Respecting animals during our travels
In my ultimate road trip guide through Thailand post I wrote about regrets I had regarding activities involving animals during the road trip my son and I took through Thailand. And I really want to write about respecting not only the people that live in the countries that we’re visiting, but also the animals that live there.
We went to Thailand 6 years ago and I read a lot about Thai culture and people and looked forward to everything we were going to experience. We were so excited that we were going to ride an elephant. If only I would’ve read about that before the trip. Animal exploitation unfortunately is a big thing in loads of countries. We all know about shooting wildlife as a prize during a safari in Africa or about bull fighting in Spain. Lots of us feel sorry for the animals and would never participate in activities like that. But there are so many other cruel things we do to animals that we don’t even know about.
Some of us (like me back then) have no idea, but when you really think about it, it doesn’t make much sense that animals freely participate in letting us ride them or doing tricks for us, does it? I saw lots of sad elephants near floating market Damnoen Sadouak in Bangkok. Sometimes we need to be made aware of things before we understand what’s going on behind the scenes of these acts. And luckily the amount of organizations fighting against animal cruelty grows by the day. Because of that growth the awareness also grows significantly.
I’d like to participate and tell you about the things we did in Thailand that I would never in my life do again.
Let’s talk about riding elephants. We are led to believe that elephants are very fond of people and therefore they really enjoy doing all kinds of tricks for us and let us ride them, bathe them and touch them. Imagine all of these things being done to you. Have multiple people a day touch you and take a selfie with you. Have multiple people bathe you on a daily basis and have multiple people ride your back while being forced to walk the same round numerous times a day. Not really a picnic, right?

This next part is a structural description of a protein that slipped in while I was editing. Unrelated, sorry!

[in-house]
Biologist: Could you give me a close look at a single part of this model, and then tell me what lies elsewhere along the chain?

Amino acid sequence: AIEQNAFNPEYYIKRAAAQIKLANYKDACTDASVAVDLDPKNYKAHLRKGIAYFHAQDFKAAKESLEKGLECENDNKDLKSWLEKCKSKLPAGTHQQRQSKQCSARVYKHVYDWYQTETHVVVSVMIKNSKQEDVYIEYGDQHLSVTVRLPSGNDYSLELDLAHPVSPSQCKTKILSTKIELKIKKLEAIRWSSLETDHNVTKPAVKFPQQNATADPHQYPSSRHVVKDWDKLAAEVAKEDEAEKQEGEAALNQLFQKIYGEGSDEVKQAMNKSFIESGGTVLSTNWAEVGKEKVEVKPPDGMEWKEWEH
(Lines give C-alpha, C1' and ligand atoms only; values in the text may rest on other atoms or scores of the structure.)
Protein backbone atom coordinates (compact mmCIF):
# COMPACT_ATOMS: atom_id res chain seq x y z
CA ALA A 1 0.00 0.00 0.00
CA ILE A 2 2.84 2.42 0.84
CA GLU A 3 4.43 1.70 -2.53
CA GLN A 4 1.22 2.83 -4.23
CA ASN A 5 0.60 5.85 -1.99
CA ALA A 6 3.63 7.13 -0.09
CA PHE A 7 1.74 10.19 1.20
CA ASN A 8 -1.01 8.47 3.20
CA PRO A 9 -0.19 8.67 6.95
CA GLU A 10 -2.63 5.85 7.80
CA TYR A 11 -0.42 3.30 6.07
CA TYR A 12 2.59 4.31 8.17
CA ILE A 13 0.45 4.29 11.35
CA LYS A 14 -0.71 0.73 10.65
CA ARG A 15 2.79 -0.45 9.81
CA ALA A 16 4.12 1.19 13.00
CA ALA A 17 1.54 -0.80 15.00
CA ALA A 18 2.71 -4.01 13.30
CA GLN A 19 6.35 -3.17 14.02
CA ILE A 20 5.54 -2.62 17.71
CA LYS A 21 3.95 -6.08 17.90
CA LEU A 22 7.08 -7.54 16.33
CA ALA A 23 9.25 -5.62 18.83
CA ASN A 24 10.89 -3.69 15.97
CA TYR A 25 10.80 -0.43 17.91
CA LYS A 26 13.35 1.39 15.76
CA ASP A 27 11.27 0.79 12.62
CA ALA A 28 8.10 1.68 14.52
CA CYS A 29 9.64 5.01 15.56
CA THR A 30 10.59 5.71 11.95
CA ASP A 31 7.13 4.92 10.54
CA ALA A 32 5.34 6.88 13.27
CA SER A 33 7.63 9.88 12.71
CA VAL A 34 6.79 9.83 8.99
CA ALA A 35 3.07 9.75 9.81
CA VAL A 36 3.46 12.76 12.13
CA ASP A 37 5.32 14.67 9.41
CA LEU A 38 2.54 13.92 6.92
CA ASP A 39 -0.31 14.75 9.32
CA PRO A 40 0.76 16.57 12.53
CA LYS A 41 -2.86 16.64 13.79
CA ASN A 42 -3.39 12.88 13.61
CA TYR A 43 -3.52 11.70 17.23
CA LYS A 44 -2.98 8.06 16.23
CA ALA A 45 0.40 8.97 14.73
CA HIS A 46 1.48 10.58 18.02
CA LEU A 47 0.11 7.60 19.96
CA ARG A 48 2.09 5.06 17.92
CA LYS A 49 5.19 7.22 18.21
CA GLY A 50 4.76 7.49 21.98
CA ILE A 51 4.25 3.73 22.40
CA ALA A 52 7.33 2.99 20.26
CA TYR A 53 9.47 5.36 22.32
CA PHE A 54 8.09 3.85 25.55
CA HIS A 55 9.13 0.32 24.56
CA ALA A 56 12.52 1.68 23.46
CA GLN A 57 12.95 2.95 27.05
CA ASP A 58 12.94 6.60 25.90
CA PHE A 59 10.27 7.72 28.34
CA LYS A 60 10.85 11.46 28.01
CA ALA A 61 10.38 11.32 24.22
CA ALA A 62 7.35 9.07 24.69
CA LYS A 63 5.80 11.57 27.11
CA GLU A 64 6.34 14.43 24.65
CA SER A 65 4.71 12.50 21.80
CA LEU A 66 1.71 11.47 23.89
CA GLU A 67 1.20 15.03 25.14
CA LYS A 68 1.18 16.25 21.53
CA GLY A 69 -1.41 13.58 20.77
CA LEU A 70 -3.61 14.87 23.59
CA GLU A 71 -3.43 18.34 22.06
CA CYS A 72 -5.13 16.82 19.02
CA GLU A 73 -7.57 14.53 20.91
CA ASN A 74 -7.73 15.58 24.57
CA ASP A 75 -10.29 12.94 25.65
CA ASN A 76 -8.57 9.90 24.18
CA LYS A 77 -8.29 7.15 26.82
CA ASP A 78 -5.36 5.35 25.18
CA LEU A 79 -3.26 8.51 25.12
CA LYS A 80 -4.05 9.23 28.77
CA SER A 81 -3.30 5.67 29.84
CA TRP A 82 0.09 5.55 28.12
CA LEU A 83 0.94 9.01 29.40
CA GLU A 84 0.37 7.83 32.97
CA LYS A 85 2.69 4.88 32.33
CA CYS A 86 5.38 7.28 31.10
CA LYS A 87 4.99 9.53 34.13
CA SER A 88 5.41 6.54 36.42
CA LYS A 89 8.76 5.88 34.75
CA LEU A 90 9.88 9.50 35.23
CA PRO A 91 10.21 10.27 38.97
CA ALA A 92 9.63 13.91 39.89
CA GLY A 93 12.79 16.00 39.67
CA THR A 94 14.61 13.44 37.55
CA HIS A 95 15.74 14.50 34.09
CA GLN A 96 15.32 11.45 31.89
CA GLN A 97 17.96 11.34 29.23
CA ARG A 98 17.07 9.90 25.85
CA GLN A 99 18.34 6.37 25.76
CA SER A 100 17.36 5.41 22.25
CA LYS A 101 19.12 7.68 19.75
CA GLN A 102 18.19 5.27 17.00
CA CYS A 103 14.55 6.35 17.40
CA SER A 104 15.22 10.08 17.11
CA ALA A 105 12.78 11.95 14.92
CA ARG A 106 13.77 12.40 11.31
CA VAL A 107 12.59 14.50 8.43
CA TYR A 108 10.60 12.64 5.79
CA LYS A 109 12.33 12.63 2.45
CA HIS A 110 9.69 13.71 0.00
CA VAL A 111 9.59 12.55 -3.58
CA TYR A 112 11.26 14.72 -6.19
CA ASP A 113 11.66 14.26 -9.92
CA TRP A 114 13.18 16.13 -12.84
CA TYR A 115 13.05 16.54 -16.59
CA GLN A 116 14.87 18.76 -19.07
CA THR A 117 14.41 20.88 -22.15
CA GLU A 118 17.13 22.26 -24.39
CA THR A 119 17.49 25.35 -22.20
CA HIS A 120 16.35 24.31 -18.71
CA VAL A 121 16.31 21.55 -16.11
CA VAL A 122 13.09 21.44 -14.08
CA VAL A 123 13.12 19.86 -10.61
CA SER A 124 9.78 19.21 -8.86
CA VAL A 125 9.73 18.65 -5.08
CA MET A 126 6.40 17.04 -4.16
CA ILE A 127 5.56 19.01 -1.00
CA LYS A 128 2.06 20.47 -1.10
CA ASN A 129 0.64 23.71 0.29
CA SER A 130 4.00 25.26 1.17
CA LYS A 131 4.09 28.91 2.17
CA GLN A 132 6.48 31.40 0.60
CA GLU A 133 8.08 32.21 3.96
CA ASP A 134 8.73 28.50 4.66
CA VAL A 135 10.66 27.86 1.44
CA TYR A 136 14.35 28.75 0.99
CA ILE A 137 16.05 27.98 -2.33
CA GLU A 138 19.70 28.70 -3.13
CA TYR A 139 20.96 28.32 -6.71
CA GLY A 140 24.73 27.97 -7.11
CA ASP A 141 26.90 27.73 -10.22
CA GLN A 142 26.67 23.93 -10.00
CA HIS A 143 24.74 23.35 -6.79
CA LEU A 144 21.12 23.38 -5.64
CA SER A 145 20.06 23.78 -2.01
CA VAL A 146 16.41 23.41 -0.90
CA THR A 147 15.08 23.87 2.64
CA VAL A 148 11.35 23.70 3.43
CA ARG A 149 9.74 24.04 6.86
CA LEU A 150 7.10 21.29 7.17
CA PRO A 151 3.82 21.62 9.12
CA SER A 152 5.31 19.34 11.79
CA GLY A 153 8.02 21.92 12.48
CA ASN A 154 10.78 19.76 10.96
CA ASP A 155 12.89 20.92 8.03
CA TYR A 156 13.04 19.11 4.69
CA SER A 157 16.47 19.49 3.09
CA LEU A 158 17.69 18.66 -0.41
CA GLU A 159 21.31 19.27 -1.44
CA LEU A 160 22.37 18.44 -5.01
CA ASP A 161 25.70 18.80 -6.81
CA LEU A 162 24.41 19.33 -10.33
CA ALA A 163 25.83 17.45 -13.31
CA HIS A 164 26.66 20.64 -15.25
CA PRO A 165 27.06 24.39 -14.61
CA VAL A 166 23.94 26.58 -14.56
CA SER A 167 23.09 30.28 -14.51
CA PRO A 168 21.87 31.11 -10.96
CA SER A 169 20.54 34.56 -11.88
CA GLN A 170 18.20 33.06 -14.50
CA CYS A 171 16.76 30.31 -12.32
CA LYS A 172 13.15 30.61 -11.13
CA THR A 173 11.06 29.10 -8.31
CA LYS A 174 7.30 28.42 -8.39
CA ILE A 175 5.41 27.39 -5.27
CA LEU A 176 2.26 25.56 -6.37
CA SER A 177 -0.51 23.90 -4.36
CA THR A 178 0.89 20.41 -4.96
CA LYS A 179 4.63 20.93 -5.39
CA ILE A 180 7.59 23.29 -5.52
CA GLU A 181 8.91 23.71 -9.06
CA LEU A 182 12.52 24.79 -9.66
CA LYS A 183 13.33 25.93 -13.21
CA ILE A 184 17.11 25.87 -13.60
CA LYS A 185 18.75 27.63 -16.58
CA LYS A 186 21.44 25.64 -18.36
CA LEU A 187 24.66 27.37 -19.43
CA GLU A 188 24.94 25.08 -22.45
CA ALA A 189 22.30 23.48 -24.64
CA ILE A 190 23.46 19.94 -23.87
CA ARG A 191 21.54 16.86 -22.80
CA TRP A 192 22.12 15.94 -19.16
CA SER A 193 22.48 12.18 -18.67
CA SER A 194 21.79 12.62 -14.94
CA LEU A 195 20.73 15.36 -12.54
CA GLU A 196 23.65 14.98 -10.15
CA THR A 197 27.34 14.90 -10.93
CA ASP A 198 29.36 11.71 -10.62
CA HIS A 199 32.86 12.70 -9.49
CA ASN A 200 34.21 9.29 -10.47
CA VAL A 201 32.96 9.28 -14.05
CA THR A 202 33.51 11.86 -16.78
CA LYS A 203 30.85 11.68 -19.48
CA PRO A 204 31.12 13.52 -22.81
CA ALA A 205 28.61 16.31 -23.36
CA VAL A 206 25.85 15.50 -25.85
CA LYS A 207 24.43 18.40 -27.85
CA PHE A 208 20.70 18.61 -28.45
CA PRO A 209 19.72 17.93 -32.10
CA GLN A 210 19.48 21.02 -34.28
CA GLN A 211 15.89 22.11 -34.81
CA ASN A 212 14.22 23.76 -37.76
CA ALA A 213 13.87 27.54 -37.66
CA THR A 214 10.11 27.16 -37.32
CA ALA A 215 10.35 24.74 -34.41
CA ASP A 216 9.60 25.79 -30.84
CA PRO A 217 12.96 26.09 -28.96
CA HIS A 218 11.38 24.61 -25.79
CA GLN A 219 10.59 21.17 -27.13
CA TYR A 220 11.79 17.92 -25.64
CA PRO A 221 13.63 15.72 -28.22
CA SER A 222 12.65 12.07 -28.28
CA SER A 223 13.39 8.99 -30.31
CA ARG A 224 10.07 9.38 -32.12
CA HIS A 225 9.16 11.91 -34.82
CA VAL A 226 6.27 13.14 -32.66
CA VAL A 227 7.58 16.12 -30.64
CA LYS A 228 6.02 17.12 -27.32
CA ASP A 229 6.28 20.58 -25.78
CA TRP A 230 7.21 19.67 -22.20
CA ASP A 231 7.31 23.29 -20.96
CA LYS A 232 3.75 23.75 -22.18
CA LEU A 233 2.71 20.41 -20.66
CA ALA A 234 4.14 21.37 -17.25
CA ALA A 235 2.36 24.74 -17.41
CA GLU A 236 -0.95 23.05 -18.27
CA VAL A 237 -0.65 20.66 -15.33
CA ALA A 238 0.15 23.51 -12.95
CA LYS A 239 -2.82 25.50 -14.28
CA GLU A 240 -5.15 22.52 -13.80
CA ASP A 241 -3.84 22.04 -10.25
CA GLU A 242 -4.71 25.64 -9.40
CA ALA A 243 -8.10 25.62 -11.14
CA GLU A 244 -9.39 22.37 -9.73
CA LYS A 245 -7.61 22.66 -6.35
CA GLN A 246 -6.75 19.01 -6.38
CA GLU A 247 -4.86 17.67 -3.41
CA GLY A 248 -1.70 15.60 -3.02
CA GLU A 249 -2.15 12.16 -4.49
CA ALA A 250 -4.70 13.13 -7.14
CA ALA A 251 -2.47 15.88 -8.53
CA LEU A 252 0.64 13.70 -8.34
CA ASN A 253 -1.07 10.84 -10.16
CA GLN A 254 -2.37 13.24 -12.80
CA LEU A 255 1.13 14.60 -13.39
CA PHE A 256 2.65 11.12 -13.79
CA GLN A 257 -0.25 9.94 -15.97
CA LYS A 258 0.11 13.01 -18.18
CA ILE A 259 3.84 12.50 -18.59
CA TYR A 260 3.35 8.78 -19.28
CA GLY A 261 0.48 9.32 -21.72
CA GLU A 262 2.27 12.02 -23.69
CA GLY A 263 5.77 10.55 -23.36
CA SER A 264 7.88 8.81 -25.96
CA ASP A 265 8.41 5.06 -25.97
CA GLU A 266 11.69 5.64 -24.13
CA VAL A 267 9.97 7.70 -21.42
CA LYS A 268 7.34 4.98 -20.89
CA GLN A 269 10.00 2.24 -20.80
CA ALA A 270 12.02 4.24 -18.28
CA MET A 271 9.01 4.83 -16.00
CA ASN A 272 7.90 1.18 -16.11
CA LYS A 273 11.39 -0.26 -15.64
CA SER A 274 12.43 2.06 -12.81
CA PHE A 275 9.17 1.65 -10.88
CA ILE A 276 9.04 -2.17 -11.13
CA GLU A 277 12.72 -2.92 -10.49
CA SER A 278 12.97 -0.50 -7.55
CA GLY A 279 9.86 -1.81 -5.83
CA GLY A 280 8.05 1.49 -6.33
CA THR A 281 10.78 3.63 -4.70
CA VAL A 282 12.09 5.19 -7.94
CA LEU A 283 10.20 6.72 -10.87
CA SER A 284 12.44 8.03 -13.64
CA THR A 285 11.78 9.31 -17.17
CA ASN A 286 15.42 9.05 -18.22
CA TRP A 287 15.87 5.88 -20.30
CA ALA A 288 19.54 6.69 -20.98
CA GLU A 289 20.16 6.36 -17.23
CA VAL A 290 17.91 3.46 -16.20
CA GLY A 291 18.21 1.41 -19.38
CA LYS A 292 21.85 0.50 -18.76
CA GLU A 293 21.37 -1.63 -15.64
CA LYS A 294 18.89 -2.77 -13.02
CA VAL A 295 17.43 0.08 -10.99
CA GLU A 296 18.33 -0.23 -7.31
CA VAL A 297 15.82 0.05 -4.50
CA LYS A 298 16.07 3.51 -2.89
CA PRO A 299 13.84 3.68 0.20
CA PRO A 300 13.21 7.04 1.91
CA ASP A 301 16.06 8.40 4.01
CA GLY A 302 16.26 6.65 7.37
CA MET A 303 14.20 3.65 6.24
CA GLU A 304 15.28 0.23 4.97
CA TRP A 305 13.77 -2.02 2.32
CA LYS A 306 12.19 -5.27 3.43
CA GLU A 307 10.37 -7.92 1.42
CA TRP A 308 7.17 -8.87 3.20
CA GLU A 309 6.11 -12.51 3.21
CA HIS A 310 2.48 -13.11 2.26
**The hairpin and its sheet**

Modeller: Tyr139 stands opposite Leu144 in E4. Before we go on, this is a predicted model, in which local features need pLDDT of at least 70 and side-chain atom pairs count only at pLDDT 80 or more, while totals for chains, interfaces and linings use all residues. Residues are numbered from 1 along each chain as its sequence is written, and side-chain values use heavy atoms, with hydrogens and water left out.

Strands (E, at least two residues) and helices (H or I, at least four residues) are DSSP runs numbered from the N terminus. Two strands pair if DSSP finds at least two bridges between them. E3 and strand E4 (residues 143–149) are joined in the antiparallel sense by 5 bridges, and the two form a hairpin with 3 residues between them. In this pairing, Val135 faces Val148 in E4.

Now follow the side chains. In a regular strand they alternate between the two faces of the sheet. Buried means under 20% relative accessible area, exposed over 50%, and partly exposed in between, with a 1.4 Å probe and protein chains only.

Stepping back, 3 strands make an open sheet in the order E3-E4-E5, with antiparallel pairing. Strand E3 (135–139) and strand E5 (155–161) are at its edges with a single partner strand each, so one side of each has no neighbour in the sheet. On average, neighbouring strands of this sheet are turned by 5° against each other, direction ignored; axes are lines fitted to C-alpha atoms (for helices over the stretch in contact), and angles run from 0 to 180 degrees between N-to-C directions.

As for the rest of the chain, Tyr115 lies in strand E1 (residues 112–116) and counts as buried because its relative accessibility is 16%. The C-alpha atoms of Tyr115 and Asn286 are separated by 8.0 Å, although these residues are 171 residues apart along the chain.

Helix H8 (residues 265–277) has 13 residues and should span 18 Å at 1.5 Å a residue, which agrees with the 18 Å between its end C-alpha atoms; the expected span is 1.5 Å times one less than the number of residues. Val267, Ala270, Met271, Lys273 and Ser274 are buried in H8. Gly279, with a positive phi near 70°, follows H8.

After we came back from Thailand I started googling for info about tourist activities involving elephants. I was in total shock! And extremely angry at myself for not thinking straight. Mahouts (the people tending to one particular elephant day in day out) working for these organizations are not really the friendly caretakers they seem to be. When an elephant is rescued from a circus or logging camp their life barely gets better. Sure, they don’t have to do tricks anymore or log wood, but all the other abuse just goes on. The first months the elephant will be broken to make sure he will obey the Mahout at all times and they use multiple tools to hurt them with in the process. Like a goad that has a nasty iron hook on it. After a full day of entertaining tourists they aren?t free to roam around, but are all taken to a place not visible to tourists where they spend the night. They will be tied up and kept on a relatively small ground right next to each other. They are still very much prisoners of people.
There are many articles you can read about this activity, this is an article I would highly recommend if you want to know more about how these so-called sanctuaries work. It?s written by someone who actually worked for one of these places in hopes of doing good for the elephants.
Since around 2010 lots of articles have been published about elephant riding. In The Netherlands most major tour operators offering elephant rides on their tours to Asian countries (Thailand isn’t the only country offering elephant rides) scratched these activities from their itineraries. Gladly, globally this was becoming a trend. Unfortunately that wasn’t the end of it. Organizations started calling their businesses elephant sanctuaries. They stopped the riding part, but most of them still offer bathing and touching them. If you can do anything else at these sanctuaries beside looking at elephants from a distance, know that it isn’t a sanctuary, but you fell into a trap. No real sanctuary will allow tourists to touch, feed or bathe them. Because animals don’t like that. They are wild animals. So please, if you are interested in checking out elephants do so on a safari where you will spot them from afar and are not allowed to come near them. Or search for a NGO approved sanctuary that will not allow you to come near them, but where you can help by donating money to really help the animals long term.
This blog is mainly focused on elephants, but the same goes for other activities like holding a tiger cub or petting a full grown own. These animals are broken, caged and drugged. Another thing I didn’t get myself while in Bangkok and got a picture taken of me with a python around my neck. The poor thing was probably drugged and had to go from shoulder to shoulder for a straight day and after all that he goes back into a cage that is his prison.
I hope that by telling you all how foolish I was back then, I will create some awareness. Confucius said it best: Don’t do unto others what you don’t want done unto you. Words to live by in my opinion. Not only while interacting with humans, but also with animals.
Next time I will go on a safari if I want to get closer to these beautiful creatures. Not to shoot them and hang their skin over my mantelpiece, but to see them in their natural habitat and leave them in peace after doing so.
Have you ever done something while traveling that you regret? Or is there something I forgot that you want to create awareness about? Let me know in the comment section below.